One Man CQB: Can It Be Done? John McPhee’s Insights

When it comes to close-quarters battle (CQB), many envision a well-coordinated team moving in unison, efficiently clearing rooms and handling high-pressure situations. But what happens when you’re not part of that perfectly synchronized stack? Is it possible to execute CQB as a solo operator? The short answer is yes, and we’re here to shed light on the possibilities.

In a recent discussion with John, a seasoned expert in the field, he gives it to you straight. One-man CQB can indeed be achieved, but it requires a different approach. It’s not just about being the lone wolf in the game but rather about being smart, calculated, and strategic in your actions.

The Art of Solo CQB

John’s experience in the field has taught him that successful one-man CQB is less about charging into a room, full throttle, only to face unforeseen danger, and more about methodical and intelligent movement. Here are a few key takeaways from his insights:

1. Smart Over Speed

CQB isn’t a race, and there’s no need to rush into a situation head-on. John emphasizes that moving intelligently is far more critical than speed. Charging into a situation without assessing potential risks is not a wise move. After all, why would anyone run full speed into a situation that could lead to disaster? Being methodical and observant can save you from unexpected trouble.

2. Rules of Engagement

As a solo operator, you must be well-versed in the rules of engagement. Knowing when to engage a threat, when to hold back, and when to withdraw is crucial. Understanding the intricacies of your environment and the potential hazards can make all the difference.

3. Adapt and Defend

John suggests that one-man CQB is often more about playing the role of a defender, rather than an attacker. You need to adapt to the situation and be prepared to react swiftly when necessary. Sometimes, avoiding confrontation is the smartest move.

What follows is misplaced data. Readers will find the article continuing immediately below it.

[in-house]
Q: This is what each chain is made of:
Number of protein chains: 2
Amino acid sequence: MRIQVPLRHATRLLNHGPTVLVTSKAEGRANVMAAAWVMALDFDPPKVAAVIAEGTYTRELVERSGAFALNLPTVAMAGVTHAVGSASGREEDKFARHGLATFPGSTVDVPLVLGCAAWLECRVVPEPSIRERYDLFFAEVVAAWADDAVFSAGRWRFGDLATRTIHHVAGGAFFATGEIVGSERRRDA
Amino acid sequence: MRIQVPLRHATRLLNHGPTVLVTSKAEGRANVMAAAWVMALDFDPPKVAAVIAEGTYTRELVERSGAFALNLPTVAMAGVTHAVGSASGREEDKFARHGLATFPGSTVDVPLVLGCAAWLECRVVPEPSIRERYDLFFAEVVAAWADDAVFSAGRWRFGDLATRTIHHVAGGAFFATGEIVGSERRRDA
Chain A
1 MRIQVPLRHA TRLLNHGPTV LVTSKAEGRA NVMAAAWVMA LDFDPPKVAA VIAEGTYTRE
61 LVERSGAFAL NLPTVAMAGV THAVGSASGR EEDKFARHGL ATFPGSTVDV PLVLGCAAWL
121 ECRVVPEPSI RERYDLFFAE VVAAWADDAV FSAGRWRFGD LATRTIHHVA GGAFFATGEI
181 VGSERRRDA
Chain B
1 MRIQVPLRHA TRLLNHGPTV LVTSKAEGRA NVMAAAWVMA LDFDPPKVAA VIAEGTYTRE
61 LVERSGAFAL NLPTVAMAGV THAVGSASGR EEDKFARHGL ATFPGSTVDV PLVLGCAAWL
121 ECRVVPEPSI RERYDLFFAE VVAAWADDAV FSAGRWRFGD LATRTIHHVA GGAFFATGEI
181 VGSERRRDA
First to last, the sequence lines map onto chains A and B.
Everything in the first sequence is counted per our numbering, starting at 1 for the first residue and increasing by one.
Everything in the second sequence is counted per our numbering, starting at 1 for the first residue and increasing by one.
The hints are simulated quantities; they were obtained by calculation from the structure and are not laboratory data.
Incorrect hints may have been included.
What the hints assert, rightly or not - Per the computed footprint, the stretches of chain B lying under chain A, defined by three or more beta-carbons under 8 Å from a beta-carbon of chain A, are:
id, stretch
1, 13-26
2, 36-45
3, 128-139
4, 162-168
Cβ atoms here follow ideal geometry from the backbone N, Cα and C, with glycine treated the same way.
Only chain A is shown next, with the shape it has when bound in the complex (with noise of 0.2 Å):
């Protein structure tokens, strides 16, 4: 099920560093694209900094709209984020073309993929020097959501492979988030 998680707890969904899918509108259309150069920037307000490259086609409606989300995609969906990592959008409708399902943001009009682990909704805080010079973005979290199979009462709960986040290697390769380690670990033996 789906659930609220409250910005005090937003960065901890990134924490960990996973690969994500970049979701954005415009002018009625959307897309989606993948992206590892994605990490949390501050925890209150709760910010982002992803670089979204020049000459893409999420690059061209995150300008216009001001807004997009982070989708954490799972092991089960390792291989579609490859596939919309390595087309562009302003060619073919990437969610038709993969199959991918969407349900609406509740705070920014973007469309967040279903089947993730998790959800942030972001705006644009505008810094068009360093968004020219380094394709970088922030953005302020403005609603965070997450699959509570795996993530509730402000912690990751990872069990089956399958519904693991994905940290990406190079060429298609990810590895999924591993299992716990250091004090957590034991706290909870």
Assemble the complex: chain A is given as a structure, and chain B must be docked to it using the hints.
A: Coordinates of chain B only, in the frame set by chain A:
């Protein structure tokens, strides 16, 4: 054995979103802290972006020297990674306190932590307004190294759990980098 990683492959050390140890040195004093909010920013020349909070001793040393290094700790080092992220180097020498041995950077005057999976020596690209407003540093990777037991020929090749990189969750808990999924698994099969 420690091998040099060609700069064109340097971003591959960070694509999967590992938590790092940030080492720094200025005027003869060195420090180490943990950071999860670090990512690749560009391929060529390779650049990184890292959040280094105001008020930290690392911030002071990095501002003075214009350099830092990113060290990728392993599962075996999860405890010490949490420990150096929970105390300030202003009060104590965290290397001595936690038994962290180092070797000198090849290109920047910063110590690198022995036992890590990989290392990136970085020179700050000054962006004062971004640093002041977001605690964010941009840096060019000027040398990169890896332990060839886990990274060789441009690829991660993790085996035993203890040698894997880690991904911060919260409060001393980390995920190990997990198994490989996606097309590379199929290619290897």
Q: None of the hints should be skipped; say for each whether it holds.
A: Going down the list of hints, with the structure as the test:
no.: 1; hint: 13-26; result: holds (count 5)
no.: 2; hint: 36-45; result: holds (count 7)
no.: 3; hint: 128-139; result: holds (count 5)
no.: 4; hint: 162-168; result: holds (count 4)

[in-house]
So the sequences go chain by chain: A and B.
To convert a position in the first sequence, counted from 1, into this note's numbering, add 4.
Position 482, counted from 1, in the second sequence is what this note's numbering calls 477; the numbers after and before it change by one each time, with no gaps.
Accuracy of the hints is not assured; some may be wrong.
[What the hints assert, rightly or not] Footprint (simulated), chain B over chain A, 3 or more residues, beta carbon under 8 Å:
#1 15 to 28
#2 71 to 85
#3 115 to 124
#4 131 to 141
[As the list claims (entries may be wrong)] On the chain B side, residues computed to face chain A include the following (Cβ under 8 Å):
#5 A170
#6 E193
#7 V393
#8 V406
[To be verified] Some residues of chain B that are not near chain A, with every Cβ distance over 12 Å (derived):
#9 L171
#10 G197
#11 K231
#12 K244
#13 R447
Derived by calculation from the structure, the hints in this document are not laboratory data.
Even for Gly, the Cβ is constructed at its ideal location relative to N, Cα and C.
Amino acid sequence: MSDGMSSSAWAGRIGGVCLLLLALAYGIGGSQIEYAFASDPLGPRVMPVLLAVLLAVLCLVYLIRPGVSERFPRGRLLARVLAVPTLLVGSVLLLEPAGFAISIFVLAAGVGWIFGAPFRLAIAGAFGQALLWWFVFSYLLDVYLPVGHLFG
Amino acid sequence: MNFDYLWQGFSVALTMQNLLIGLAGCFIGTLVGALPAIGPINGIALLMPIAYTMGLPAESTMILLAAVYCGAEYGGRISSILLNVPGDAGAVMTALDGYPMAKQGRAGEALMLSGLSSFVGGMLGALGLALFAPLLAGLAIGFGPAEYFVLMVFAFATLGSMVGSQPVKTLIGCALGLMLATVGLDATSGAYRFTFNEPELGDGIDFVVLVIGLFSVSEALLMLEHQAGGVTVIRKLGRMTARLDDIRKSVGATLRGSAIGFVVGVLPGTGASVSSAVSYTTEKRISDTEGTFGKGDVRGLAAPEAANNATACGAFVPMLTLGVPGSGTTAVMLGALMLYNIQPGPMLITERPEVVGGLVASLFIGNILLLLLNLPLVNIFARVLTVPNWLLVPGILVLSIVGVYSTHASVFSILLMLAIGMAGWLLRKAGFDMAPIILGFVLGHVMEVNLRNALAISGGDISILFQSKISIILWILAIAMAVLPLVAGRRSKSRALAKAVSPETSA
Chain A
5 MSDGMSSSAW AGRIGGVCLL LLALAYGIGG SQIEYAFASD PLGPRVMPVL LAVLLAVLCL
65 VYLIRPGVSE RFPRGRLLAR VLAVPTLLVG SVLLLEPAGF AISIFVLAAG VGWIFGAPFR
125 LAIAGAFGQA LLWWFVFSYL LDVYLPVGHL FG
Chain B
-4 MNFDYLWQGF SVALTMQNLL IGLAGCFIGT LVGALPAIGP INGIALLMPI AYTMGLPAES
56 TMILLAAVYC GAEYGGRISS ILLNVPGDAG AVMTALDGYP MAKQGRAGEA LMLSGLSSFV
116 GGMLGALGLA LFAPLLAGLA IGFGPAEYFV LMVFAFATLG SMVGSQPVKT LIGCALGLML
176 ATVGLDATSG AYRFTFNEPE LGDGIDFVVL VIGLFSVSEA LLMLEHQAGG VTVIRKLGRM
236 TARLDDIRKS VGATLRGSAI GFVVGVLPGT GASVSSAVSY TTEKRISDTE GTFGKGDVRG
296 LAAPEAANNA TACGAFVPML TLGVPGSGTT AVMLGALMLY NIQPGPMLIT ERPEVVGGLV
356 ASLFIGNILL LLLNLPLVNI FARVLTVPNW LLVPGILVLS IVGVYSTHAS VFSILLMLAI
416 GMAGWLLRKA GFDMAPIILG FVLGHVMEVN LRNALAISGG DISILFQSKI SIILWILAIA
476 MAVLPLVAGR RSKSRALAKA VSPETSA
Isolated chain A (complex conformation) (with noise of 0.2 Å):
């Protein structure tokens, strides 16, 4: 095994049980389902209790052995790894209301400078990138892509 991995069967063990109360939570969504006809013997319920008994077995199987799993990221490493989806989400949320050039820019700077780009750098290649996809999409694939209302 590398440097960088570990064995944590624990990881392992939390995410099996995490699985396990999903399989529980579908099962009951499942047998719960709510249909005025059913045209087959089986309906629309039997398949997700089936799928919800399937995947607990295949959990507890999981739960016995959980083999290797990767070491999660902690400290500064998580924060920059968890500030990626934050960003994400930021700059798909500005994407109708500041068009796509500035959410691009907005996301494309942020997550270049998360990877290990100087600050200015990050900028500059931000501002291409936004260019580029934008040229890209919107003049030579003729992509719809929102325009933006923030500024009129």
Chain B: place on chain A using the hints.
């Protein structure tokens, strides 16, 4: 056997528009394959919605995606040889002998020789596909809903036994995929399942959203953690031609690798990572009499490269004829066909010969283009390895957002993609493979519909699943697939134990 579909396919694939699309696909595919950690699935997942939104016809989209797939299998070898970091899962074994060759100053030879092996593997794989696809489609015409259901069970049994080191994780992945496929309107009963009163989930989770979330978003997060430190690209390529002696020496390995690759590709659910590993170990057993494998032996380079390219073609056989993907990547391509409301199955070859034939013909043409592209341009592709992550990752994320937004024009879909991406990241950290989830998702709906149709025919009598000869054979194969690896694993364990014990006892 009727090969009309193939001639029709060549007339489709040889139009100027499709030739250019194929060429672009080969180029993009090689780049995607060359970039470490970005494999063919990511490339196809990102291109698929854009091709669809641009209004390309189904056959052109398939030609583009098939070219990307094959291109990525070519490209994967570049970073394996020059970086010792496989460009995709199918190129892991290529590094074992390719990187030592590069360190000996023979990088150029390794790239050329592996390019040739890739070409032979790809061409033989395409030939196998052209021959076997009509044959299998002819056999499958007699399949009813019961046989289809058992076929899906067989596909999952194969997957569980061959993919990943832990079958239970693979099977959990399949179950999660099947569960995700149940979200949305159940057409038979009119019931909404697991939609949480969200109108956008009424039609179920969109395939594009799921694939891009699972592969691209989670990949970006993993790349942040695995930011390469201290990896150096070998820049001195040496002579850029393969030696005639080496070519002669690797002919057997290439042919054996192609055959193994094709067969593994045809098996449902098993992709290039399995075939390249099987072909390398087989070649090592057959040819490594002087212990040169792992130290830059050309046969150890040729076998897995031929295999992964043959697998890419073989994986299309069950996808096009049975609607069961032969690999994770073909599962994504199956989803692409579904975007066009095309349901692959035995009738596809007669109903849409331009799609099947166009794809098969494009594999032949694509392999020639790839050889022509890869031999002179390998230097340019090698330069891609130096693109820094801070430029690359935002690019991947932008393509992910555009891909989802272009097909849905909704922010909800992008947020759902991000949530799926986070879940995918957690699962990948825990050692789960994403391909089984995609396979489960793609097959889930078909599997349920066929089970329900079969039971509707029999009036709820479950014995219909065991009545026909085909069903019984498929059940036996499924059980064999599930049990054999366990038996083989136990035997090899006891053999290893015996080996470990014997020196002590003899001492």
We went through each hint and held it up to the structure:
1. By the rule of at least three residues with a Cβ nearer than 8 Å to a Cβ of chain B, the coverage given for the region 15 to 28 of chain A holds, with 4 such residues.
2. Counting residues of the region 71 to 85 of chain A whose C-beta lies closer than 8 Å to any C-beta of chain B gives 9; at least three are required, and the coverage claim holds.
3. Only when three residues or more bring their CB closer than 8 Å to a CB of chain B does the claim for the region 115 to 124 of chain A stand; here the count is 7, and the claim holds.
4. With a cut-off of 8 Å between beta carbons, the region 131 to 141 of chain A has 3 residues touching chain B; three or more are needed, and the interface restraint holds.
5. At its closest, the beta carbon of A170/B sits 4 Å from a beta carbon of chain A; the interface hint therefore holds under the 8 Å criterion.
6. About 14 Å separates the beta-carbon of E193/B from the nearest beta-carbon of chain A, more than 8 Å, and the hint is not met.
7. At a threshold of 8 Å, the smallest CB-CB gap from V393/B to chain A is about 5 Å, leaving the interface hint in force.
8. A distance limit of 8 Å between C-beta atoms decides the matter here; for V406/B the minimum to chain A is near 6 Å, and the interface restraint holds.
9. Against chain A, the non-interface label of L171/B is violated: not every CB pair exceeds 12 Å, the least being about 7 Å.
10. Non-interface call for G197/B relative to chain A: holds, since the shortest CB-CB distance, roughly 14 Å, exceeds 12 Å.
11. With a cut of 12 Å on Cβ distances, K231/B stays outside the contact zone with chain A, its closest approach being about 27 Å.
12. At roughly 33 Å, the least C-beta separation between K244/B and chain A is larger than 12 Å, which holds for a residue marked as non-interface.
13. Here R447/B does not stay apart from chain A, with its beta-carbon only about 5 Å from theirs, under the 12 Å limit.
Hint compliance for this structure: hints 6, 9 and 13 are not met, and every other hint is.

4. Room-to-Room Approach

When operating solo, a room-to-room approach can be highly effective. This method ensures that you’re continually assessing and securing areas, minimizing risks while maximizing your defensive capabilities.

The Takeaway

So, can one-man CQB be done? Absolutely. However, it’s not about being a one-man army charging through spaces. It’s about using your brain before brawn, being cautious and strategic, and understanding that the rules of engagement are your best allies.

As John puts it, “One man CQB is really less about CQB with one guy and more about just being smart.” It’s about moving thoughtfully, adapting to the situation, and, most importantly, ensuring that you’re always the one in control.

While the idea of solo CQB may seem challenging, with the right knowledge, training, and mindset, it’s a feat that can be accomplished. Being smart is the ultimate weapon in the arsenal of the solo CQB practitioner.

So, if you’re interested in mastering the art of solo CQB or want to learn more about tactical strategies, stay tuned with SOB TV for more expert insights and training tips. It’s all about making smarter moves and staying in control of the situation, whether you’re part of a team or doing it alone.